Crossing the Cultural Divide: Issues in Translation, Mistrust, and Cocreation of Meaning in Cross-Cultural Therapeutic Assessment
published in the Journal of Personality Assessment Volume 94, Issue 3, 2012
by Audrey Rosenberg, Angelica Almeida & Heather Macdonald, WestCoast Children’s Clinic, Oakland, California
This article examines cross-cultural therapeutic assessment in a community mental health clinic. The first case describes the work between a Caucasian assessor and a Mexican American family. The authors explore the metaphorical and literal translation of the findings from English to Spanish and the parallel process of translation of the self, experienced by both assessor and client. The second case describes the work between a Caucasian assessor and an African American adolescent. We describe the inherent challenge between the Eurocentric “task” orientation of the evaluation and the Afrocentric “relationship” orientation. We suggest that bridging the gap between cultures and overcoming cultural mistrust lay in the building of the assessor–client relationship. Fischer’s concepts of rapport and intimacy are emphasized and expanded on as we emphasize the importance of cocreated meaning in cross-cultural assessment work.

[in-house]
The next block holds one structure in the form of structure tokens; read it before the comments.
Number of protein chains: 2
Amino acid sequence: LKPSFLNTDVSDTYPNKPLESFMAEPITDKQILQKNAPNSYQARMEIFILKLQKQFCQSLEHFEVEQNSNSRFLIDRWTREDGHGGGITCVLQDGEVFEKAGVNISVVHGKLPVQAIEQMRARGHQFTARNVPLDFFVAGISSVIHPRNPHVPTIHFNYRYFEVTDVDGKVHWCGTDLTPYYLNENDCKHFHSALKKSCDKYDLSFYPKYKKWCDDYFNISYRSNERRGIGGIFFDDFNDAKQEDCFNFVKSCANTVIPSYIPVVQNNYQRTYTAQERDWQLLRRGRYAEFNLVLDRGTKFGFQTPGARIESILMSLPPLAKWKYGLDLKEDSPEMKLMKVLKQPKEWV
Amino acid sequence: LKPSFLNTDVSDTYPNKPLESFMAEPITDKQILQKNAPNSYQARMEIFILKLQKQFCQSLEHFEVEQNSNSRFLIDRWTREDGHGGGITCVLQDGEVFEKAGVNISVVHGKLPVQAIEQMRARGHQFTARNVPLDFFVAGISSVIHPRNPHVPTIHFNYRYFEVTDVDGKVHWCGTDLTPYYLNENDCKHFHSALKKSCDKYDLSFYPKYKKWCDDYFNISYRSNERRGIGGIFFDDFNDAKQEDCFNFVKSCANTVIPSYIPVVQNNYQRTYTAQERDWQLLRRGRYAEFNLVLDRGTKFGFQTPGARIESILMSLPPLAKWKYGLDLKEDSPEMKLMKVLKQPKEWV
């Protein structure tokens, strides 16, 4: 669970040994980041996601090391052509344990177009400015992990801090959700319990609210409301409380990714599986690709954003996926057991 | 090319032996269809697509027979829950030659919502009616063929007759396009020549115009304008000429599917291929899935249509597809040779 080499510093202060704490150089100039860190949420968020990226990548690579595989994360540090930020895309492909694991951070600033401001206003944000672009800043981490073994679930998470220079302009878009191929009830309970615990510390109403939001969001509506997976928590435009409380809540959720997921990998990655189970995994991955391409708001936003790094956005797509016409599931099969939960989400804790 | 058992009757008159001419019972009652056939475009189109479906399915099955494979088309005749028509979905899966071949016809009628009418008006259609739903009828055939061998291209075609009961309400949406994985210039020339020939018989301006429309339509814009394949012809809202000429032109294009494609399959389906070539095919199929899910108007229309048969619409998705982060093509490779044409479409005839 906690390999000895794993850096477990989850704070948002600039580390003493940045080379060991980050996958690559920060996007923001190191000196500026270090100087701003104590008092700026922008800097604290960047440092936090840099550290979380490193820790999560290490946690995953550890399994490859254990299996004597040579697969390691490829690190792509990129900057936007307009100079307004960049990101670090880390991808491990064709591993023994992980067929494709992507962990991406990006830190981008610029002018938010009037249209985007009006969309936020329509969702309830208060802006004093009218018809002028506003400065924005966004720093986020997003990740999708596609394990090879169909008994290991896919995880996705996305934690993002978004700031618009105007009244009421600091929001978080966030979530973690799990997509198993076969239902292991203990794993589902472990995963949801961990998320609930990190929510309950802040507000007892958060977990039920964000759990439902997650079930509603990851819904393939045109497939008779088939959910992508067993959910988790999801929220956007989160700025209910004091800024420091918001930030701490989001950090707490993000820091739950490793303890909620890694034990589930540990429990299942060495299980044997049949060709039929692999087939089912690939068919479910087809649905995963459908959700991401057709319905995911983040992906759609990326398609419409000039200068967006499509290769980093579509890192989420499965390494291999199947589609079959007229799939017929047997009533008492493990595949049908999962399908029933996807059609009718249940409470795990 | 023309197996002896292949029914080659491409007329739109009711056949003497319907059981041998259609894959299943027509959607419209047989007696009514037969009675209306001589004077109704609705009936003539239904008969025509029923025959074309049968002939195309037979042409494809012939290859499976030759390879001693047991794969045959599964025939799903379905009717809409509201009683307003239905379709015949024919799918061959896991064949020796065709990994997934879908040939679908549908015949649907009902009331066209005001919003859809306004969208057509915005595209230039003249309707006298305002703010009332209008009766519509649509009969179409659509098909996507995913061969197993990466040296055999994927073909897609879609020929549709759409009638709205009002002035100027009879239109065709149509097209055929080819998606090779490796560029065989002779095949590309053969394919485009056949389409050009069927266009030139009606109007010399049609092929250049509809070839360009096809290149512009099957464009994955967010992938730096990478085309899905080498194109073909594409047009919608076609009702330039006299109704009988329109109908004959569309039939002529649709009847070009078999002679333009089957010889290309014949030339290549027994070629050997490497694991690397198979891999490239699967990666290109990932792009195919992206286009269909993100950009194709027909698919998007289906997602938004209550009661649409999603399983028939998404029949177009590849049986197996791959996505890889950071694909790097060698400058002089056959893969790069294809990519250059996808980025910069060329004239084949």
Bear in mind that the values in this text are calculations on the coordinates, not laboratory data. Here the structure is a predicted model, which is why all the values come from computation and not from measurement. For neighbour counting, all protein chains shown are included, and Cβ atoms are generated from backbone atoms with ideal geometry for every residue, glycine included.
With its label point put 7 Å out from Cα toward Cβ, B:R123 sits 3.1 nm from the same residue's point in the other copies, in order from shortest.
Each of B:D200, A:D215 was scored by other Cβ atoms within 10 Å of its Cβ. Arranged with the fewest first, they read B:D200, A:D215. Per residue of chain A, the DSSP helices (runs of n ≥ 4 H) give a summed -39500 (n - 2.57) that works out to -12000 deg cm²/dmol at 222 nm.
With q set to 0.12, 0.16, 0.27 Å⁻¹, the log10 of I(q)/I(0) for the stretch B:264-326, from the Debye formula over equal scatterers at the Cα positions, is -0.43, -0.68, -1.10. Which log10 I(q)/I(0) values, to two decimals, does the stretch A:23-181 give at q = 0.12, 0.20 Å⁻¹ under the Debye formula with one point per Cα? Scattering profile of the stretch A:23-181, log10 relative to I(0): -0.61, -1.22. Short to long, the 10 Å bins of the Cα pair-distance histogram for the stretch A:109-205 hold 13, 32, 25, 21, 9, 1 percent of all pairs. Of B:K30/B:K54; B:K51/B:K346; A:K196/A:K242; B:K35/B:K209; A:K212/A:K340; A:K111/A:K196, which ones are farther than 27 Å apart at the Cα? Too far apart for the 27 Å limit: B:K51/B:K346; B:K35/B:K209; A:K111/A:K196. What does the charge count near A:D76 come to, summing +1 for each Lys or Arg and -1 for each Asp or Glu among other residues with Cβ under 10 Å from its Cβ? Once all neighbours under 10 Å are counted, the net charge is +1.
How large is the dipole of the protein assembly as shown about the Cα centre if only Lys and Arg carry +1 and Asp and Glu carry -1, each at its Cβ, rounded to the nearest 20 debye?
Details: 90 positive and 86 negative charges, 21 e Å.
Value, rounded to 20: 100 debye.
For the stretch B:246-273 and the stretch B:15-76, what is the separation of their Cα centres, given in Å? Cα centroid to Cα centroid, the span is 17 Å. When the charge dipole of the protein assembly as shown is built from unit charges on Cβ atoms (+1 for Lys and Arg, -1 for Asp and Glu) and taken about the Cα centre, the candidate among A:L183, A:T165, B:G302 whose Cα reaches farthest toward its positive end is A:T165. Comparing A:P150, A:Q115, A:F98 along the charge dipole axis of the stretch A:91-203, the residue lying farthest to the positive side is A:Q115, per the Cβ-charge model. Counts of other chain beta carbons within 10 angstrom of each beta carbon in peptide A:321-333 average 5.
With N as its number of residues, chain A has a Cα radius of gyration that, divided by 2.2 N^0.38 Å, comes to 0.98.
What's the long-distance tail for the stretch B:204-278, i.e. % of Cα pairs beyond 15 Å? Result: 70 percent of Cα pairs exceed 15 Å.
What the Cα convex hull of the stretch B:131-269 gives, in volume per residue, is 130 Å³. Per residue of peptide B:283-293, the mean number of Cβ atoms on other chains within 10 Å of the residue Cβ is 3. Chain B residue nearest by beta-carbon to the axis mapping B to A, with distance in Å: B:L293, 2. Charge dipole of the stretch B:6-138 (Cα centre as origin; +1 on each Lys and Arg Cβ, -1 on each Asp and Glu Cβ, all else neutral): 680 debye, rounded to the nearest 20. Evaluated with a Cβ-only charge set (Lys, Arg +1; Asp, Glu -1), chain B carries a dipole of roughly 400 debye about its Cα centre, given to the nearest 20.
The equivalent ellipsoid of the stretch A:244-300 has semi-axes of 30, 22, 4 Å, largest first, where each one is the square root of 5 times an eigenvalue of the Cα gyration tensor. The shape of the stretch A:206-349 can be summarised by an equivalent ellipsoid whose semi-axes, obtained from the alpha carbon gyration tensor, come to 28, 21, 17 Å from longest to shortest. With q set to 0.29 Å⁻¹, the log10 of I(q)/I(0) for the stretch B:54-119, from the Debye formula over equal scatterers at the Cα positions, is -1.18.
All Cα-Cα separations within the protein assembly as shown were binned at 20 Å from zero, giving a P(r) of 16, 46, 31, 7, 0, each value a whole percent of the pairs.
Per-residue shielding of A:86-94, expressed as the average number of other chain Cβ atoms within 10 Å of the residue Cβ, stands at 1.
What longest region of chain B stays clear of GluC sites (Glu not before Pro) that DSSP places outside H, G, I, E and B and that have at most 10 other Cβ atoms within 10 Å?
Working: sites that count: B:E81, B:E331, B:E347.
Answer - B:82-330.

Visit the publisher’s website for access to the full article.